Posted on Feb 17, 2014

A couple months ago, the South Carolina Association for Justice asked me to make a presentation to around 600 students at the Boiling Springs 9th Grade about the dangers of distracted driving. 

The program, called End Distracted Driving, was started by a father who lost his 21 year-old daughter to a distracted driver.  Check out their website,

I learned a lot about distracted driving, including some disturbing facts about what it is, how often it happens, and what it can do to innocent people and their families.

  • Distracted driving is not just texting and driving or talking on a cell phone while driving- it’s anything that takes your attention from the primary task of driving.  That means anything that takes your hands off the wheel, your eyes off the road, or your mind off getting to your destination safely.  It can be as innocent as changing the music or reaching down to pick something up.
  • All it takes is a few seconds of distraction and our lives can be changed forever – one of the most devastating Spartanburg tractor trailer accidents I ever handled involved a trucker who was distracted because he’d gotten lost.  He was so busy trying to figure out how to get back on his route, he didn’t see a red light, slamming into my client, who suffered a severe spinal injury requiring a serious operation.  That trucker got lucky- some distracted drivers have to live with causing the death of a fellow motorist.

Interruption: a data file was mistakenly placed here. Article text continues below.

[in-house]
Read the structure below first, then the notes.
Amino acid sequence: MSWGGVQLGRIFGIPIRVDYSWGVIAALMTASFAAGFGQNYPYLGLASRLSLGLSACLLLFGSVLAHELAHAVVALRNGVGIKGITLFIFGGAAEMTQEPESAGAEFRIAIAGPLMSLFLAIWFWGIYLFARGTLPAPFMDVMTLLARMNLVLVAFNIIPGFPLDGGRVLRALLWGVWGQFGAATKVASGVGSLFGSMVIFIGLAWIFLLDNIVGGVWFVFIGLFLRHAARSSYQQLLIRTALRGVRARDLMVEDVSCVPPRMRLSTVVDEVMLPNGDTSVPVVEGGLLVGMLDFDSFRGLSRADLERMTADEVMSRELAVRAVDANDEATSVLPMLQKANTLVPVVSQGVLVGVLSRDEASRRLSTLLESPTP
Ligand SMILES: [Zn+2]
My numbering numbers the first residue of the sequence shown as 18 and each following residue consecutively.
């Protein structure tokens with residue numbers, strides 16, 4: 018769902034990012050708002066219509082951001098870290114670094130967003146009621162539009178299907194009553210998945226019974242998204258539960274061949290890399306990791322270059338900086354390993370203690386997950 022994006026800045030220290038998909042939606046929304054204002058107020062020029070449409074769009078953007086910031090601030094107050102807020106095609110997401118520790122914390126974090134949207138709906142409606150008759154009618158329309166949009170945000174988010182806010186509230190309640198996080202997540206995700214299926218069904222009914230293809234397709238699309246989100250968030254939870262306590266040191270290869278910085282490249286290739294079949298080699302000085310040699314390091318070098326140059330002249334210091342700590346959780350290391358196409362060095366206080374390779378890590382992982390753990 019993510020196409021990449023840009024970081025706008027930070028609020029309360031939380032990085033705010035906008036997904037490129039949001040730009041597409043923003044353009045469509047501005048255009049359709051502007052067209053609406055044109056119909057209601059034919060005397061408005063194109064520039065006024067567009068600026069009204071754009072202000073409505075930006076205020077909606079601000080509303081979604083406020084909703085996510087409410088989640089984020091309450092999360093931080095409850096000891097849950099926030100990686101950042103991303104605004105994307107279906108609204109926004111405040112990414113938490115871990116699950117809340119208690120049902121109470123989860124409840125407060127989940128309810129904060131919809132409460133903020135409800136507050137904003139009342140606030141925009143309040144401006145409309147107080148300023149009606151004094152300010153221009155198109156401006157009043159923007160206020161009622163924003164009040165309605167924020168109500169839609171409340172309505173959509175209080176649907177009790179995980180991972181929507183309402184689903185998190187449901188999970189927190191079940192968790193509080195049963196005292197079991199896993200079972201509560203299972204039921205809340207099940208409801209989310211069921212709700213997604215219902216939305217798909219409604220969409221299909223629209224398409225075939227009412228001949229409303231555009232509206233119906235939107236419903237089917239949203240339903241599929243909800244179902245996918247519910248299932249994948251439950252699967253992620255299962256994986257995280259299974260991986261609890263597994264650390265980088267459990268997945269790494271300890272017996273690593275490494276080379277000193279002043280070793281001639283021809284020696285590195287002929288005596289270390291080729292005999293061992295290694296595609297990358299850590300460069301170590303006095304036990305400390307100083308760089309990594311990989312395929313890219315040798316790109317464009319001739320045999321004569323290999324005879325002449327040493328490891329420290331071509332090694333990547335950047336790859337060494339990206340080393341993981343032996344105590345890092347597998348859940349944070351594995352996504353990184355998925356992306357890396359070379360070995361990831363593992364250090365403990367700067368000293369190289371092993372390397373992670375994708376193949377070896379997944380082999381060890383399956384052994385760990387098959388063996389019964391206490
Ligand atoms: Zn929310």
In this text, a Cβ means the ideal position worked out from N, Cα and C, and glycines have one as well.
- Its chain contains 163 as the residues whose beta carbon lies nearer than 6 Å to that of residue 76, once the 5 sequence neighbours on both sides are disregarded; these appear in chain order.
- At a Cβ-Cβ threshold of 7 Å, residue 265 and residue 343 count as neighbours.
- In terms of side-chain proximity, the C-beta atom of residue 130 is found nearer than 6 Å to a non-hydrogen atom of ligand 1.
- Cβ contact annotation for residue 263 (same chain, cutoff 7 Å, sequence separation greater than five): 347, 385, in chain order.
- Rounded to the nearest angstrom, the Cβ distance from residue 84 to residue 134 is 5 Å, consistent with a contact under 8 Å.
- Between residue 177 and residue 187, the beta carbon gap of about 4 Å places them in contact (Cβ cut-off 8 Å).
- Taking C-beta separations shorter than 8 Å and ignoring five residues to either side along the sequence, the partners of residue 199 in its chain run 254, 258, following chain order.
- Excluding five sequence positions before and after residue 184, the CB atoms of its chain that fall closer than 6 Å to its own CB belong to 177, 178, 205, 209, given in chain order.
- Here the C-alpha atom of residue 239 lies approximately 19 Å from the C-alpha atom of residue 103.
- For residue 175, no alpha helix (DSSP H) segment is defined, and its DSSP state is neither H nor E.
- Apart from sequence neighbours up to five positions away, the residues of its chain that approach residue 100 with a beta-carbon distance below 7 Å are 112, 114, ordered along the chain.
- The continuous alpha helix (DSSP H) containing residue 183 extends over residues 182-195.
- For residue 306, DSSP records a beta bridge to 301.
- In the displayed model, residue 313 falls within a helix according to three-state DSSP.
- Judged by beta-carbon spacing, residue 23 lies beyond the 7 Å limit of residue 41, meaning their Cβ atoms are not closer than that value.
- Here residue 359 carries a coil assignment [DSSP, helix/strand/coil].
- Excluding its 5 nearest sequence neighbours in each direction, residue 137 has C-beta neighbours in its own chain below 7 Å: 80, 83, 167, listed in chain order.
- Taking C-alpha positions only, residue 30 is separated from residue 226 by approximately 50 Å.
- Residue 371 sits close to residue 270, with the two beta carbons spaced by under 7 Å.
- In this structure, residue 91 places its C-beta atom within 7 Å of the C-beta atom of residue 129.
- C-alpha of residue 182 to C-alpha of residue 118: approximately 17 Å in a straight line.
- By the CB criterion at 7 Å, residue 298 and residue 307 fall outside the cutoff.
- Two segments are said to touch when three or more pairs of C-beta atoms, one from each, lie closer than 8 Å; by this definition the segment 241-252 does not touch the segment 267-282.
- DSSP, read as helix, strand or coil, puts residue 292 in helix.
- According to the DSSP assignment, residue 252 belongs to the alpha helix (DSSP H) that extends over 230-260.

• Consequences of distracted driving can be horrific - Distracted driving kills about 3,700 people a year and injures an estimated 425,000.
  • And we’re all guilty of it.  I used to look in the rearview mirror to speak to my children in the backseat.  Not anymore.  If I’m not looking at what’s in front of me, I’m endangering them. 
  • Hands-free phone devices are not safer according to a study by the National Safety Council.  This doesn’t mean we can’t talk to passengers.  Studies show passengers who are teenaged or older act as another set of eyes to help the driver and have a tendency to stop talking in more dangerous highway situations.  The person on the other end of your phone call doesn’t know the difference. 
  • We all have the power to save lives by making safer choices.  We can turn off the phone or let our passenger make calls or texts.  If we need to check the GPS or phone, we can pull off to a safe place. 

This program has some really powerful videos featuring not just families of victims, but also the distracted drivers who described their guilt and heartbreak. 

If you’re interested in having me make this presentation to your group, I’ll be delighted to discuss it with you.  Do contact Holland & Usry  toll free: 888-230-1841.  As I told the students, if I have fewer clients who got hurt in car accidents, it’s a good day. 


Rob Usry
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Rob is a Spartanburg personal injury lawyer. Rob also practices as a workers' compensation attorney.